“It seems unusual to me that they wouldn't see any of this on footage, but I'm assuming the officers either turned off their cameras or just didn’t log the footage,” said Rigodis Appling, Gini and Mali’s attorney. “They were definitely arrested and you're supposed to turn on your camera immediately when you encounter and when you're going toward an arrest, even when you approach people, sometimes you're supposed to turn on your camera, and definitely if there's any use of force, the cameras are supposed to be on. So there should have been footage.”
The CCRB has consistently argued for direct access to the NYPD’s database of body-cam footage, which would allow investigators to conduct their own searches. That would place New York City’s CCRB on par with police oversight agencies in Washington, D.C., and Chicago, both of which have a form of direct access to police body-cam video. Nearly half of the CCRB’s current body-cam footage requests have been pending over 90 days, according to the agency’s latest monthly report.
“CCRB should have direct access to the body-worn camera database,” said one former employee. “It could be done if NYPD allowed it. It’s not going to allow it and has said repeatedly it’s not going to allow it. I think it would require legislation.”
The NYPD did not respond to multiple questions about why the CCRB does not have direct access to the city’s body-cam database.
Instead, CCRB investigators said they face a constant rotation of NYPD staff assigned to handle their footage requests by proxy, some of whom are injured or otherwise placed on modified duty, and that this practice seemed to intensify in the months after the protests, partly due, they said, to a police staffing shortage during the pandemic.
That has meant officers with little experience working with the NYPD’s body-camera database were deciding what footage should be turned over, investigators said, and that separate requests for the same incidents can yield widely varying results depending on which officers reviewed the material.
“There's no way that we can get the quality of data that the NYPD is capable of providing without dedicated people who know how that system works and are not people who are just waiting to be rotated back onto patrol,” said one investigator.
The NYPD did not respond to questions about how it provides staffing for body-cam requests. In a written statement, a spokesperson said the police department works closely with the CCRB to ensure it receives footage in “a timely fashion.”
“While there was a backlog of pending video requests in the summer of 2020, there is currently no backlog,” the spokesperson said, adding that some footage is withheld when arrest records are sealed – a barrier CCRB leadership has also long advocated for lifting.
“The sealing of these cases is a legal barrier to production of the BWC [body-worn camera] footage with the consent of the arrestee,” the NYPD spokesperson said. “Obtaining consent is a responsibility that falls squarely upon the CCRB but seems to be ignored based on the posture of these questions.”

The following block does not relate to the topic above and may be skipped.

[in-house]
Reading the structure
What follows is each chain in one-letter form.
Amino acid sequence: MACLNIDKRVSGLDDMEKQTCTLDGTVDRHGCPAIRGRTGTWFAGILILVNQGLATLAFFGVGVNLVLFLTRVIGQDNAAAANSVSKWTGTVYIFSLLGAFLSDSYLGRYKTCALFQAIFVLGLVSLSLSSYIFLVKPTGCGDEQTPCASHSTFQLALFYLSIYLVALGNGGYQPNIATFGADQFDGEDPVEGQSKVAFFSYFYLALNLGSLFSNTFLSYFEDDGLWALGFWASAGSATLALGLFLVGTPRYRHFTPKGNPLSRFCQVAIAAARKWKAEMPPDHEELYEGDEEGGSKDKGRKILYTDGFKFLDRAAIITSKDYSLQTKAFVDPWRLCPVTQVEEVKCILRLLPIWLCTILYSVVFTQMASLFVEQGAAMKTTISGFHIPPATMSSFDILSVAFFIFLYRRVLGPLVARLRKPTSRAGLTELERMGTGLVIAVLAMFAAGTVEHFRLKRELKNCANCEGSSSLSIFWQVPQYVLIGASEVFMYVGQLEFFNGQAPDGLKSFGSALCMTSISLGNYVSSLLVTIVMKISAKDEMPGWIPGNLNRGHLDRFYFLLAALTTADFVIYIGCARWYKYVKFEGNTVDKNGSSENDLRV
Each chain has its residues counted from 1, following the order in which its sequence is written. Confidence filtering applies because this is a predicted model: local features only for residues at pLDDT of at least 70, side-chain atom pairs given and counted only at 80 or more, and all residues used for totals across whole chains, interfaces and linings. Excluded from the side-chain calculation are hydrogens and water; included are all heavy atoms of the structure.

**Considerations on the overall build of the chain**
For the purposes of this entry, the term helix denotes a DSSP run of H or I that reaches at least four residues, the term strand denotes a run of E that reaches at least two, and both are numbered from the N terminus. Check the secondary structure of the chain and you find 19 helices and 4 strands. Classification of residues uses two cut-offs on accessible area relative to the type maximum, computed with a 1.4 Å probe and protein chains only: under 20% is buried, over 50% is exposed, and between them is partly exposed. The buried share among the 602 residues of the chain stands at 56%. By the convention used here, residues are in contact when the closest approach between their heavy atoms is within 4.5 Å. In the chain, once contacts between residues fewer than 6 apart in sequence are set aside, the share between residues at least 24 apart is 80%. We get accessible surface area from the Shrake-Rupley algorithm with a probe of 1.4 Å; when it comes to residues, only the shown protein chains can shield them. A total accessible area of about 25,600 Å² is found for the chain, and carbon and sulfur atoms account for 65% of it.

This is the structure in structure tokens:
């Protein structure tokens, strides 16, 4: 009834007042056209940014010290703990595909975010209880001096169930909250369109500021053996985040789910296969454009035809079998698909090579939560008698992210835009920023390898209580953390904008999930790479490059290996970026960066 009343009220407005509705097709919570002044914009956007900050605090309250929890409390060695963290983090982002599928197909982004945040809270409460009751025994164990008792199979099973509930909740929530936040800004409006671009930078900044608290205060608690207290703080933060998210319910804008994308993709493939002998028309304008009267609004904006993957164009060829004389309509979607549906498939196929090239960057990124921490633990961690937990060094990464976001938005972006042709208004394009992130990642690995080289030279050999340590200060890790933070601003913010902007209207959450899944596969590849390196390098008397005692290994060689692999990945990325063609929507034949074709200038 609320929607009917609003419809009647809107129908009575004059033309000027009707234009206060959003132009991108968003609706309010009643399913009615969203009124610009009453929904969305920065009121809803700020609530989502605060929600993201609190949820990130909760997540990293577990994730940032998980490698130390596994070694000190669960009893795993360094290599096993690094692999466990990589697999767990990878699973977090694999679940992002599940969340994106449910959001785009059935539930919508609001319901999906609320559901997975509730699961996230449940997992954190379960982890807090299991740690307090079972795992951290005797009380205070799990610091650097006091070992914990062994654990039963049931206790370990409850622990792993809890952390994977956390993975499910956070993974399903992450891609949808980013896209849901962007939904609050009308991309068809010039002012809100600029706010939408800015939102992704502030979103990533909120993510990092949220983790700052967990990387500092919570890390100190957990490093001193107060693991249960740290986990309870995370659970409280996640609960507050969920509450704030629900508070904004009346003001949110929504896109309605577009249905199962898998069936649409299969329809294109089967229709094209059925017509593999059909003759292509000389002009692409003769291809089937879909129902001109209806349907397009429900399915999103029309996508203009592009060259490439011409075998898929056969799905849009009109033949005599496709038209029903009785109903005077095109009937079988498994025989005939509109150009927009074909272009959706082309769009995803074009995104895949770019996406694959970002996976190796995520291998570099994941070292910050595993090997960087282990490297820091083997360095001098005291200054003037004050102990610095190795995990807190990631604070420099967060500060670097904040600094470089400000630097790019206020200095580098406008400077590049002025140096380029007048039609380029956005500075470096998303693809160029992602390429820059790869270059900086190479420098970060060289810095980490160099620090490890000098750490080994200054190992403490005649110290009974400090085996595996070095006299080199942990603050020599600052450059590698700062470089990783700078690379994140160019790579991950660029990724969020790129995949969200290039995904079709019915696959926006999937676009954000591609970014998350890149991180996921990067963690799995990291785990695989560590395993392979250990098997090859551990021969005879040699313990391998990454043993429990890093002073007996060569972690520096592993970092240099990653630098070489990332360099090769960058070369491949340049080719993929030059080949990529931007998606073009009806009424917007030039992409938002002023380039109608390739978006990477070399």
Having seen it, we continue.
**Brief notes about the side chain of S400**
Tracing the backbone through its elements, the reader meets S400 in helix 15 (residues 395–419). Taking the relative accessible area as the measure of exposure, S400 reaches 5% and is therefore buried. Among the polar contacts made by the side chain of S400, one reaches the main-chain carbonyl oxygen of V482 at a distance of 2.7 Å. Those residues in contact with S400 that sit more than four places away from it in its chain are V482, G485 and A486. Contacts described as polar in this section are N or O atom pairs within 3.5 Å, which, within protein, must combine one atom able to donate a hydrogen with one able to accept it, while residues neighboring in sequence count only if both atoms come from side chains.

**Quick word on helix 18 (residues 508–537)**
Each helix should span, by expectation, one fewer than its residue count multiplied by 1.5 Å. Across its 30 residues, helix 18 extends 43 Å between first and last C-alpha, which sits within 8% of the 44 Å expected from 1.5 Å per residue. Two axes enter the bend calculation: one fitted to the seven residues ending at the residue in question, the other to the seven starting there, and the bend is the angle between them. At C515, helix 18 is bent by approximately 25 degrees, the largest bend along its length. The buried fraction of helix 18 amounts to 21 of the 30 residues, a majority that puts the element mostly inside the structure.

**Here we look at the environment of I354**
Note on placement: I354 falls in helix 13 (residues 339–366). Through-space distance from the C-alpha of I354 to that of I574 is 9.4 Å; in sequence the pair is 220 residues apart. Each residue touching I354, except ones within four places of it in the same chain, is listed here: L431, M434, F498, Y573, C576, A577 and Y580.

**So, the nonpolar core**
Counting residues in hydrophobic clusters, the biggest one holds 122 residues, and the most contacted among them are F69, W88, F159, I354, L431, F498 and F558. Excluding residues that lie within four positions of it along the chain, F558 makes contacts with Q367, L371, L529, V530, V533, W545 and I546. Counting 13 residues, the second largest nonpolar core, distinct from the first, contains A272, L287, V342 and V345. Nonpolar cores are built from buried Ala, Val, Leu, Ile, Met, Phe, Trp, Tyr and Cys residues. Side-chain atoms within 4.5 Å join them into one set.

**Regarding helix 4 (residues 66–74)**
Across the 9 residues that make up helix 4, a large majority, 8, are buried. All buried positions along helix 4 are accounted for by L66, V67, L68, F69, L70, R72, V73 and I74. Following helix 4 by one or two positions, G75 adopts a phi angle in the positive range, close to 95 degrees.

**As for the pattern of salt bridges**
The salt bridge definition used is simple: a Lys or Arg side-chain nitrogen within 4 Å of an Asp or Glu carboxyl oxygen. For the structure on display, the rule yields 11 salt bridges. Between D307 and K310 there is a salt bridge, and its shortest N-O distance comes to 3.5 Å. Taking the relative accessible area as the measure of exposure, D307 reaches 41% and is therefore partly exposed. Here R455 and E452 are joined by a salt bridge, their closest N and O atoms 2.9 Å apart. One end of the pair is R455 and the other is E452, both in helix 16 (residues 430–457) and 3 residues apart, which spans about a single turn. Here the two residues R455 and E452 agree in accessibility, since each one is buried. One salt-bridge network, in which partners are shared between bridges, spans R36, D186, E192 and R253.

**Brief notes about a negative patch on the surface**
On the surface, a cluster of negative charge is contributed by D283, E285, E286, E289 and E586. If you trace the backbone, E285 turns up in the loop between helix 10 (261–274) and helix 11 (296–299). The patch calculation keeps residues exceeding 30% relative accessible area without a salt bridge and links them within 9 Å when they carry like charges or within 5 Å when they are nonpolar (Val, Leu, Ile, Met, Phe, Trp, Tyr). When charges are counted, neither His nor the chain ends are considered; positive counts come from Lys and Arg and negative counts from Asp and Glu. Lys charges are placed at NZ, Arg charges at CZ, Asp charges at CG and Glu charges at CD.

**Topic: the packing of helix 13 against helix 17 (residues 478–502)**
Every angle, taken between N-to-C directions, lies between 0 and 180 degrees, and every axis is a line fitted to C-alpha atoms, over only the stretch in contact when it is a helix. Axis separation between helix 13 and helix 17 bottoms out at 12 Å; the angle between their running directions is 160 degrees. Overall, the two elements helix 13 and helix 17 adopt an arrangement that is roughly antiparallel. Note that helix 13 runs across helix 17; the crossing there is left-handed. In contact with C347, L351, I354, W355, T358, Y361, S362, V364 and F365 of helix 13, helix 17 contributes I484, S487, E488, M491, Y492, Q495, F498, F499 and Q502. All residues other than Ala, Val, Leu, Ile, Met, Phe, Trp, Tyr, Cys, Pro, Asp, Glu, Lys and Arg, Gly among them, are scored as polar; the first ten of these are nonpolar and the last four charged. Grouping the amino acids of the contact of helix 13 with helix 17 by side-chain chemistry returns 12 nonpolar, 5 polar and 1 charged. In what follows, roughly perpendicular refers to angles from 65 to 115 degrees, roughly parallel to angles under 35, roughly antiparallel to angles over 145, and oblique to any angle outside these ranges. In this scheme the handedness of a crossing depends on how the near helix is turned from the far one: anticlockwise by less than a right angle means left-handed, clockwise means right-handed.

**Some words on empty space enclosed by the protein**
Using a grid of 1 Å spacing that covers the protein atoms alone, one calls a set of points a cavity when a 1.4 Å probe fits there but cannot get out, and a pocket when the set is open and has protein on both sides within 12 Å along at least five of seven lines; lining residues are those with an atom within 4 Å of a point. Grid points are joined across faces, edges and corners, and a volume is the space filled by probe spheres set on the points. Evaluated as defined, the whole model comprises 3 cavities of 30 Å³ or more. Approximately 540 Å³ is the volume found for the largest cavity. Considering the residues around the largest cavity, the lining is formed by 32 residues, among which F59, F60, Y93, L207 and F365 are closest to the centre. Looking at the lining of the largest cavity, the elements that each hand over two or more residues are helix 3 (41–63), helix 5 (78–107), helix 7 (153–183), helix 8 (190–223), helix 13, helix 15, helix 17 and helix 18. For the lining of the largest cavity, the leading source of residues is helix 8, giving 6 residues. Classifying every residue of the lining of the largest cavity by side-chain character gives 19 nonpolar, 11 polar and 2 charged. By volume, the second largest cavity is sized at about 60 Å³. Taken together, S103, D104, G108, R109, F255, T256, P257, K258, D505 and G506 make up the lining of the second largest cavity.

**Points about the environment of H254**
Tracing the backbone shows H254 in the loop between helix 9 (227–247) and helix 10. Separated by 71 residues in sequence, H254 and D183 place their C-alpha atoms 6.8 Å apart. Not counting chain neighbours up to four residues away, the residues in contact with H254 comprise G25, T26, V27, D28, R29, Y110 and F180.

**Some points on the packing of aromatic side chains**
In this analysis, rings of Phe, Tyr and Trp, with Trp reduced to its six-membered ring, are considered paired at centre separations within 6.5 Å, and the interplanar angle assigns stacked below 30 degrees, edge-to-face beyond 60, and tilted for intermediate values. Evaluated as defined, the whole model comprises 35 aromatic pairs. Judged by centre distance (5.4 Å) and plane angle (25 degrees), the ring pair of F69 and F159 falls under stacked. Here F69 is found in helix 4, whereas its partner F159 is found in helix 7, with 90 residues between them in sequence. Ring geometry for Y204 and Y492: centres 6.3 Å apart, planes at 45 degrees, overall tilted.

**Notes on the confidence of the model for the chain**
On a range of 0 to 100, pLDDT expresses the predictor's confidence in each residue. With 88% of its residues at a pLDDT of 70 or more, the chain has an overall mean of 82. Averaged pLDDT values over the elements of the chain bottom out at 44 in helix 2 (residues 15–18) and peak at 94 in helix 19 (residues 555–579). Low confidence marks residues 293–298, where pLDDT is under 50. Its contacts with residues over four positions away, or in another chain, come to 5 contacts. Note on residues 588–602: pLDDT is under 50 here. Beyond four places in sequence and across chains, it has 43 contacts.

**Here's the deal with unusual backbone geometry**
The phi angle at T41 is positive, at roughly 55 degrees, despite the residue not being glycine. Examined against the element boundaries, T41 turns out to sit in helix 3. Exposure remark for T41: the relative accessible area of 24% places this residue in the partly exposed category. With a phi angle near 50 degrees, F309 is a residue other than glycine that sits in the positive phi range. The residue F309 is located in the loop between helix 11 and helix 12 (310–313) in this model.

“Our centerpiece case”
All of the current and former CCRB staff who spoke to Gothamist believe the oversight agency’s lack of power over the NYPD, even for basic procedural tasks such as interviews and video requests, have left it struggling to appear credible in the eyes of the citizens it’s meant to serve.
As one former employee said, the agency’s role is largely that of a case processor – complaints are received, investigated, and then fed through a vote by the CCRB’s board with what they described as very little attention to actual outcomes.
Several staff members said they saw the CCRB’s protest cases – and the widespread support for police reform after George Floyd’s murder – as an opportunity to re-establish the agency’s role in the city and help drive big, systemic policy changes in policing. They said they wanted to go beyond routine investigations of individual officers and focus their attention on the person leading the NYPD’s protest response in 2020 – Terance Monahan.
A veteran of the department for nearly 40 years, Monahan was an expert on crowd control who’d been on scene as an officer during social unrest in Crown Heights in 1991 and in Washington Heights in 1992. He became the subject of a CCRB investigation in 2004 for his involvement in the mass arrest of hundreds of demonstrators during the Republican National Convention in New York City.
In June 2020, video surfaced of Monahan ordering the arrest of a protest organizer in Mott Haven in the Bronx, where hundreds of demonstrators had been confined by police into a small area – a police practice known as “kettling” – where they were held shortly before an 8 p.m. curfew that had been ordered by de Blasio and then arrested.
Mott Haven was widely seen by protest organizers and advocacy groups as one of the more egregious examples of an overly aggressive response from the NYPD. Video from the demonstration showed police officers on top of cars, beating protestors with their batons, and other officers shoving civilians with bicycles. Human Rights Watch determined the police response amounted to “serious violations of international human rights.”
Many believed Monahan bore responsibility, though he disputes the assertion. One former CCRB employee described the investigation into Monahan’s role in planning and ordering the police response as one that agency staff members would talk about years later.
“I thought this Monahan-Mott Haven case was going to be our centerpiece case,” the former staffer said. “We have all this stuff happening around the city, and now we’re seeing the person who’s the chief, who’s telling people what to do, how he’s acting. And then we could go, I was hoping, into broader policy proposals about how the NYPD should react to protests.”